1.02.2016

Clay-air open source battery fuel cell technology

The prior art for this open source patent are aluminum-air and silicon-air and zinc-air battery technologies.  These battery technologies make use of the electrical potential energy in a reduced metal.  Commonly a metal hydroxide (potassium hydroxide) solution is used as an electrolyte and the cathode is the container for the battery.  The anode is the reduced metal which gets oxidized by the electrolyte and produces a current.  There are some downsides to these technologies as it can be difficult to obtain pure aluminum from from anywhere on earth as aluminum can only profitably be made from aluminum oxide ore.  As far as downsides for the silicon battery, the silicon also would have to be extracted and silicon air battery with non-aqueous electrolyte is under patent.

The subject of the current invention is a clay-air (or dirt-air) fuel cell battery.  Instead of being concerned with using a pure or semi-pure anode material or a man made designed composition, the clay-air system uses any natural clay as its source for reducible metals.  Clay is primarily alumino-silicates so the battery anode will be a natural mixture of aluminum, silicon, and possibly calcium, magnesium, iron, etc.  Since this mixture is fully based on natural composition, this cannot be covered by the spirit of the patent of the silicon-air battery and any other element-air batteries/cells because those patents imply man made compositions or mixtures.  This will be a very low cost solution and viable for the poorest places because clay can be extracted from practically any dirt in the world using a simple water sedimentation technique.  Also the oxidized anode material does not need to be recycled to be economically viable because getting more clay is very cheap and limitless. This invention also covers dirt-air anode, or any natural rock, sediment, or mineral used for the anode material. So anyone can use this technology royalty-free.  The electrolyte can be anything, from inert materials or liquids, to liquid oxygen, to metal hydroxide solutions, ect.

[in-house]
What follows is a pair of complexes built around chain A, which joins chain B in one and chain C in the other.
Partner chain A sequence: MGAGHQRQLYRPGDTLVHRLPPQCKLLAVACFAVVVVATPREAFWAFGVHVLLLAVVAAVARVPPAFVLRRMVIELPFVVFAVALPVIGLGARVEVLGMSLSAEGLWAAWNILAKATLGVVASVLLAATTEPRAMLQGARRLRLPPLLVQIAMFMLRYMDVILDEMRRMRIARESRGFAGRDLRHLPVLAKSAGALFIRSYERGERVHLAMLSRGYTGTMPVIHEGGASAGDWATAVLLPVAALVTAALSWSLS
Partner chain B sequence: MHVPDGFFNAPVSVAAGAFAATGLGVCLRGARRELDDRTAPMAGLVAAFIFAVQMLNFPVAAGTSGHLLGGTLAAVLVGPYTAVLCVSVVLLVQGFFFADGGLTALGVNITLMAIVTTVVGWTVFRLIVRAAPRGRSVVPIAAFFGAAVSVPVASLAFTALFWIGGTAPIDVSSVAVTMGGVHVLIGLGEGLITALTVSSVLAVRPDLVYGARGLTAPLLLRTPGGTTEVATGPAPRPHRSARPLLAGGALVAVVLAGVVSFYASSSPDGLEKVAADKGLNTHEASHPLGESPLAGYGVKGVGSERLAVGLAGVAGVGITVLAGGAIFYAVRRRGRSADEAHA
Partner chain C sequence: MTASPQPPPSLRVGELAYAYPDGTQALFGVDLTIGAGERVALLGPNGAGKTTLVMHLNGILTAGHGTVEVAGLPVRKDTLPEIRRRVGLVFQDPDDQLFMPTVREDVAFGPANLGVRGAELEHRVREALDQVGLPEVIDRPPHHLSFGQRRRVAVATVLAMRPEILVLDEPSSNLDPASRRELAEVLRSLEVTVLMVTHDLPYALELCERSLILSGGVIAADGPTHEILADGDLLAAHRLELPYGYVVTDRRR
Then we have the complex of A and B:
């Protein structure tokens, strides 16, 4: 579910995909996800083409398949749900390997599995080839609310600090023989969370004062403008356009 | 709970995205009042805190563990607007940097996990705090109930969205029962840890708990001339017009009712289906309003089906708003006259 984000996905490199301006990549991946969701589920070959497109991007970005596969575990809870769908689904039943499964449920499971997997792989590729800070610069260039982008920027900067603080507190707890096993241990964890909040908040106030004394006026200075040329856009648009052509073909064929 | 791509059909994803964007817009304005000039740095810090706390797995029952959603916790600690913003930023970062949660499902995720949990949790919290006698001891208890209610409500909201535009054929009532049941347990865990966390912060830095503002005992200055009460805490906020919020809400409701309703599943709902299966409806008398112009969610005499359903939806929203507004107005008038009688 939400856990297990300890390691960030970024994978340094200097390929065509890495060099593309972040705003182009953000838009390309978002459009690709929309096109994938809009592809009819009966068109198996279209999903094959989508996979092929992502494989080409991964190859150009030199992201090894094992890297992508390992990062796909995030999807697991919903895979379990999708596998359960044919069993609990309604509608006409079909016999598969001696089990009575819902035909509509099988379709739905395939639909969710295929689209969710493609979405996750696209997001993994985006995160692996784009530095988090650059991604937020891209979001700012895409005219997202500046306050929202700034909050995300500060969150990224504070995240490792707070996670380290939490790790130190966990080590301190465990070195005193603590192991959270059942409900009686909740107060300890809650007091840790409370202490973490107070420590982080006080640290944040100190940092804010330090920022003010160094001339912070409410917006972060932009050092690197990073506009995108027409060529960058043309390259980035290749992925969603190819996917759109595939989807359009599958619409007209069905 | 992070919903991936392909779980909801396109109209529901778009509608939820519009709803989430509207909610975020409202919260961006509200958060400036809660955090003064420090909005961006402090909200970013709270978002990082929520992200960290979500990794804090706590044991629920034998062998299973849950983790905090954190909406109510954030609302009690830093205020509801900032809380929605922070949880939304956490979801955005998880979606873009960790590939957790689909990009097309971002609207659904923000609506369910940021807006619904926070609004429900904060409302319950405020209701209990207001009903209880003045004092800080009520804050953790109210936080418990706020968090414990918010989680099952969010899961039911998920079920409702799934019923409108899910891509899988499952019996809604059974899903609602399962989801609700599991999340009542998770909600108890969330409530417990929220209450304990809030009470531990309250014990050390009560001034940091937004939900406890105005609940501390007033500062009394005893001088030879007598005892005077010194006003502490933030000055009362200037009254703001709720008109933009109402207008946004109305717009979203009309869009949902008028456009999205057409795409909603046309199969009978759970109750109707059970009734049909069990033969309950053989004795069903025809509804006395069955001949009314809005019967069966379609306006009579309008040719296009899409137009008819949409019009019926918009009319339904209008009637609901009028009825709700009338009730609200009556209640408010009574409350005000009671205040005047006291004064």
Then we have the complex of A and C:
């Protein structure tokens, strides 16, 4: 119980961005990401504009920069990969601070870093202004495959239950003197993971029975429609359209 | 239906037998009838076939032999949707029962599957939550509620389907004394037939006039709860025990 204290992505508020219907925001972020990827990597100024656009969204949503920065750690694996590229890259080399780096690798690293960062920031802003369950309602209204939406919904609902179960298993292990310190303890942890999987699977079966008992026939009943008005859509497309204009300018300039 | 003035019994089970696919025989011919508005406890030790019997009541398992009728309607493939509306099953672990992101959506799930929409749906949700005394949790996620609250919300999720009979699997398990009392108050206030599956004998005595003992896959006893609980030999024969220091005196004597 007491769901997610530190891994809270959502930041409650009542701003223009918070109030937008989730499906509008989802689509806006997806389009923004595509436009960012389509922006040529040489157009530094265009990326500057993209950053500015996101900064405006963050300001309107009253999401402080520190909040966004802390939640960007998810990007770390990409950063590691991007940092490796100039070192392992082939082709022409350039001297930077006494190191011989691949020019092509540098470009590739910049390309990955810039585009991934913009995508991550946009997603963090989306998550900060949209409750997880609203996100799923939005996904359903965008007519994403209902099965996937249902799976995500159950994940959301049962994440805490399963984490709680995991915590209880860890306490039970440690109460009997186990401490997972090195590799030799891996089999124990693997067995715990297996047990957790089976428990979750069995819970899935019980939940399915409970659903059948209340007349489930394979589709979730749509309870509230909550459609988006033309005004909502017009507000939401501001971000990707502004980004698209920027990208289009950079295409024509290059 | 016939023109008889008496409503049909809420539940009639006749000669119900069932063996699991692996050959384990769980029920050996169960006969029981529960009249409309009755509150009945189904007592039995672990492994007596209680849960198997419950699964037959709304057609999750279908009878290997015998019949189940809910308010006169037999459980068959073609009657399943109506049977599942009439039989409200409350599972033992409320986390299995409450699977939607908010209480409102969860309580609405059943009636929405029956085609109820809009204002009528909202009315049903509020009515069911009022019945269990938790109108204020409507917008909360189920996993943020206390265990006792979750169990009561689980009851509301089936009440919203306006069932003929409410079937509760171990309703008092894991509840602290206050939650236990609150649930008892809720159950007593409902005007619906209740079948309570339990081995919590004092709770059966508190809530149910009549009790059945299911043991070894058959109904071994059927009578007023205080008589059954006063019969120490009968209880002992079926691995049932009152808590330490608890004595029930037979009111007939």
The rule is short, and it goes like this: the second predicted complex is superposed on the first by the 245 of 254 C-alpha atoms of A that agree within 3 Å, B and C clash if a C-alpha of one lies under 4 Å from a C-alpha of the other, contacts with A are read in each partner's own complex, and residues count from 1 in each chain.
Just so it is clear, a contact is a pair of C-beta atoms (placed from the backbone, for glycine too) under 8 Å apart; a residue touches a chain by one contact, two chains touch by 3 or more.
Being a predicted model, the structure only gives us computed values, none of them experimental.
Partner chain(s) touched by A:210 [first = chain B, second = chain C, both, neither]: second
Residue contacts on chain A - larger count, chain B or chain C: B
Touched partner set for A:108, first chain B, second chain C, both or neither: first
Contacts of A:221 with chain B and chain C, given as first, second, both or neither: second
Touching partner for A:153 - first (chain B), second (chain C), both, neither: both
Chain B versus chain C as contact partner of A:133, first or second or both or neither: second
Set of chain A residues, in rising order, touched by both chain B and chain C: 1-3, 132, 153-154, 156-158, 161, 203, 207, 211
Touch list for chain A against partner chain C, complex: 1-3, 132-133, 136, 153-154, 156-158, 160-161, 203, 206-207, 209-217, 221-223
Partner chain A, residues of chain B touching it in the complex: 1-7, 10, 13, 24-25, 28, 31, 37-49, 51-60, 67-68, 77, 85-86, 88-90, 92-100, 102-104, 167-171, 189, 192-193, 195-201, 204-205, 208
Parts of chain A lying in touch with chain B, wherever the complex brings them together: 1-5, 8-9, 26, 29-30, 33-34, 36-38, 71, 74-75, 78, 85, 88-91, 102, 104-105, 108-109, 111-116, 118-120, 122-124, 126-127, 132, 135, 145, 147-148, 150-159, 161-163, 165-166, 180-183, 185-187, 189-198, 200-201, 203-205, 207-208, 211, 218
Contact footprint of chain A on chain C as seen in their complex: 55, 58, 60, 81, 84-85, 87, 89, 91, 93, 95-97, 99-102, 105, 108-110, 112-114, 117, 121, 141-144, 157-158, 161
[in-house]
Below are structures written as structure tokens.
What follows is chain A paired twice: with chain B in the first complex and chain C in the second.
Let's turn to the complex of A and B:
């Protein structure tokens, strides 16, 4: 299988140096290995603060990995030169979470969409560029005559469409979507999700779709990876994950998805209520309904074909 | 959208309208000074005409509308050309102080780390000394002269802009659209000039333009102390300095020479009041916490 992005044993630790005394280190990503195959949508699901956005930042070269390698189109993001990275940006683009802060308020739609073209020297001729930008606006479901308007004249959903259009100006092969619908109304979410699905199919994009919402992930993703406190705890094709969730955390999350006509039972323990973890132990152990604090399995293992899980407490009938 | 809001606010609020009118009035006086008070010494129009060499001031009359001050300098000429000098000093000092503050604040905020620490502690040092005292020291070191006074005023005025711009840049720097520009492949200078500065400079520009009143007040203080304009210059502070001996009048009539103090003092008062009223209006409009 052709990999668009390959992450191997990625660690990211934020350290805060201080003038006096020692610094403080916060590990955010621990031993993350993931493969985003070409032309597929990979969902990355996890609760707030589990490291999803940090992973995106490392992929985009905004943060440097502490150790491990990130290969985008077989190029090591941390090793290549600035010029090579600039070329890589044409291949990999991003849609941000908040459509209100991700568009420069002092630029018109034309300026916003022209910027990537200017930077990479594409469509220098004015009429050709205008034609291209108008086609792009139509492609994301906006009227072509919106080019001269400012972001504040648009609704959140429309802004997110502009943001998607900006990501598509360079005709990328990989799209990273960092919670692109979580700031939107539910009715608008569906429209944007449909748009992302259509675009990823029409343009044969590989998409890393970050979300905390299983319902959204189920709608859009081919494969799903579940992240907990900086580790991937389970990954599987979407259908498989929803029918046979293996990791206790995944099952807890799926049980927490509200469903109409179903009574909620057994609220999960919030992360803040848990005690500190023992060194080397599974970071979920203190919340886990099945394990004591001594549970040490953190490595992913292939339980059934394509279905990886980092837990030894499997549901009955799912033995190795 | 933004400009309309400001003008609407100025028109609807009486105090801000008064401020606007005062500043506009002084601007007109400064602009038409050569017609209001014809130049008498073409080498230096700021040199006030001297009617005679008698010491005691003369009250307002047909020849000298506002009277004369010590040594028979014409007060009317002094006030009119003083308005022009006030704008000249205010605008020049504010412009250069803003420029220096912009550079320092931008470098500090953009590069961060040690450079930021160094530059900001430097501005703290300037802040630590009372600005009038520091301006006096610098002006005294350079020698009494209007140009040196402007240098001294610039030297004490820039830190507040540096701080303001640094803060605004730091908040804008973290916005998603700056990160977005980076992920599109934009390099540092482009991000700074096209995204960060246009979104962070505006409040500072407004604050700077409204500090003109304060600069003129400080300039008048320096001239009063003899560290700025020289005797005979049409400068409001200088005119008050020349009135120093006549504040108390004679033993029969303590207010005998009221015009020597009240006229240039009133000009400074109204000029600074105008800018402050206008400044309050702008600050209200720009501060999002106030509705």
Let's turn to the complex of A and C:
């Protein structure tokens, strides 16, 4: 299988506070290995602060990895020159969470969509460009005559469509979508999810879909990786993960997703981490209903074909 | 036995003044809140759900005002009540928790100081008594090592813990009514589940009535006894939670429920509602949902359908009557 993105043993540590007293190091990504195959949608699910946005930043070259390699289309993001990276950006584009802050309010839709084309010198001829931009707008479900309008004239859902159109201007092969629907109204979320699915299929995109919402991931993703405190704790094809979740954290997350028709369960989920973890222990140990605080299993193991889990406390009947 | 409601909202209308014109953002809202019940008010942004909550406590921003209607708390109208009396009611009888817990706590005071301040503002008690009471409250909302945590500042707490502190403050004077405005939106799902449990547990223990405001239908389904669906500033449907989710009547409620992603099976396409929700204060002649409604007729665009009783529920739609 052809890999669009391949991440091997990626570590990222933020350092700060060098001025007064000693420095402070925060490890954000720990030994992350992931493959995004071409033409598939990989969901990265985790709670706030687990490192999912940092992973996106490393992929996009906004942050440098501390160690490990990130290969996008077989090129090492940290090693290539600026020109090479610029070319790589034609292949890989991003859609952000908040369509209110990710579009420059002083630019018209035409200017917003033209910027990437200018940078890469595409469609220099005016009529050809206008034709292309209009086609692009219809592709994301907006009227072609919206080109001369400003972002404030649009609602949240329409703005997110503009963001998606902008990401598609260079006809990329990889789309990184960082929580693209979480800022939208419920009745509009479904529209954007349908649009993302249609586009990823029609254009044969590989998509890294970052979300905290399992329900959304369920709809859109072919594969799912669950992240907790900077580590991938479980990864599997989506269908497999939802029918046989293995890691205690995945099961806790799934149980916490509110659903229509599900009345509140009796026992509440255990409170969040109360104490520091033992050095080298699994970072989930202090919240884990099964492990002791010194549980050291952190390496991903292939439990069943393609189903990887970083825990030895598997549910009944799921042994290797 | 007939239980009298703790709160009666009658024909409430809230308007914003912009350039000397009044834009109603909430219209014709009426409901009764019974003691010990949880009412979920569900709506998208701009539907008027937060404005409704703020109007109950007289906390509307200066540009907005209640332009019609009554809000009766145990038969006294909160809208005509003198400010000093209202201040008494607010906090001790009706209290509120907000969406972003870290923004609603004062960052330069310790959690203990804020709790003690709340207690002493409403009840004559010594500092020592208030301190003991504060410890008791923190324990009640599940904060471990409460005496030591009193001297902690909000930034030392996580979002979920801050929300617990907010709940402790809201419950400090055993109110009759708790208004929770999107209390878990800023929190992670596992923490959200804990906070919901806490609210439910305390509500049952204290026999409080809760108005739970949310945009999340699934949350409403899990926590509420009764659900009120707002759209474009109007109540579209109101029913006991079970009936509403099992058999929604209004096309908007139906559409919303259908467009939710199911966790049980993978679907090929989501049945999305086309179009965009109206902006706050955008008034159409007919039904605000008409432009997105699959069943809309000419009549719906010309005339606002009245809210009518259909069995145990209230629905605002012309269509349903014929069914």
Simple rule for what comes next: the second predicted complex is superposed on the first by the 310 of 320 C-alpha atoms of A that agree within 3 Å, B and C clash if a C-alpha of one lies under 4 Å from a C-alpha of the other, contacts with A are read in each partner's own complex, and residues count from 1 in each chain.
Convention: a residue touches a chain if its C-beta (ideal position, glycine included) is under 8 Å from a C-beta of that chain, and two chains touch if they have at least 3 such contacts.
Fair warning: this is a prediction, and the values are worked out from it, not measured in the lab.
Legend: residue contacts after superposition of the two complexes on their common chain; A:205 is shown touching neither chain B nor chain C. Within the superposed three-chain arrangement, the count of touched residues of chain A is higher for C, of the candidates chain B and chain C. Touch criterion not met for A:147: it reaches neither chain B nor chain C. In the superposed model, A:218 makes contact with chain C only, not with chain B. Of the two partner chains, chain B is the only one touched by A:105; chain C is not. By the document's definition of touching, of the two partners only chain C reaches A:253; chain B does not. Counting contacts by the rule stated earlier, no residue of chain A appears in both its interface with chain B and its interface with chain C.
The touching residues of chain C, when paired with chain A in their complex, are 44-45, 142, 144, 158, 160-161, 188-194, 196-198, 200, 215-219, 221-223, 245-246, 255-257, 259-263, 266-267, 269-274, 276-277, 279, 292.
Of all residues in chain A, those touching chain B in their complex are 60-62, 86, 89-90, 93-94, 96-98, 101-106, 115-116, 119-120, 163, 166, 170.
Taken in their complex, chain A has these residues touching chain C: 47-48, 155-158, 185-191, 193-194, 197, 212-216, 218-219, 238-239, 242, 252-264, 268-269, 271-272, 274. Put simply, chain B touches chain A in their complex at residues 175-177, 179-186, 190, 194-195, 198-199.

One way to make this is to take dirt that has a naturally high clay content and place it in a bucket.  Next fill the bucket with water and stir.  Wait ~1 minute as the largest sediment settles then decant the liquid into another bucket and discard the sediment from the first bucket.  Let this new bucket settle for ~1 day then decant the water off the top and discard the water.  More water can be added here as a purification step and let settle again 1 day and decant water from the top.  Dry the remaining clay water so a clay powder is obtained.  Next take a crucible and place a mixture of roughly 2 parts by weight charcoal (activated charcoal preferred or any organic material with carbon content) and 1 part clay powder.  Seal the crucible lid to create a reducing atmosphere.  Cook the crucible until the clay is reduced to its metallic form, which may be roughly 3 hours at a furnace temperature of roughly 1600 decrees Celsius.  Next pour the molten metal into molds to produce anodes.  Fractal type molds would probably be best to get maximum surface area.

For assembling the battery a case must be designed to hold the battery.  My thought would be to use copper but there are many other options.  Then the case would be filled with some electrolyte solution and the anode placed into the solution with part of the anode out of the solution so it can be electrically connected.  Now there will be a voltage between the anode and case (cathode) and you are done!  The voltage of this cell will be ~1-2 volts and can be connected to other cells in series to produce 12v or any voltage battery desired.

1 comment:

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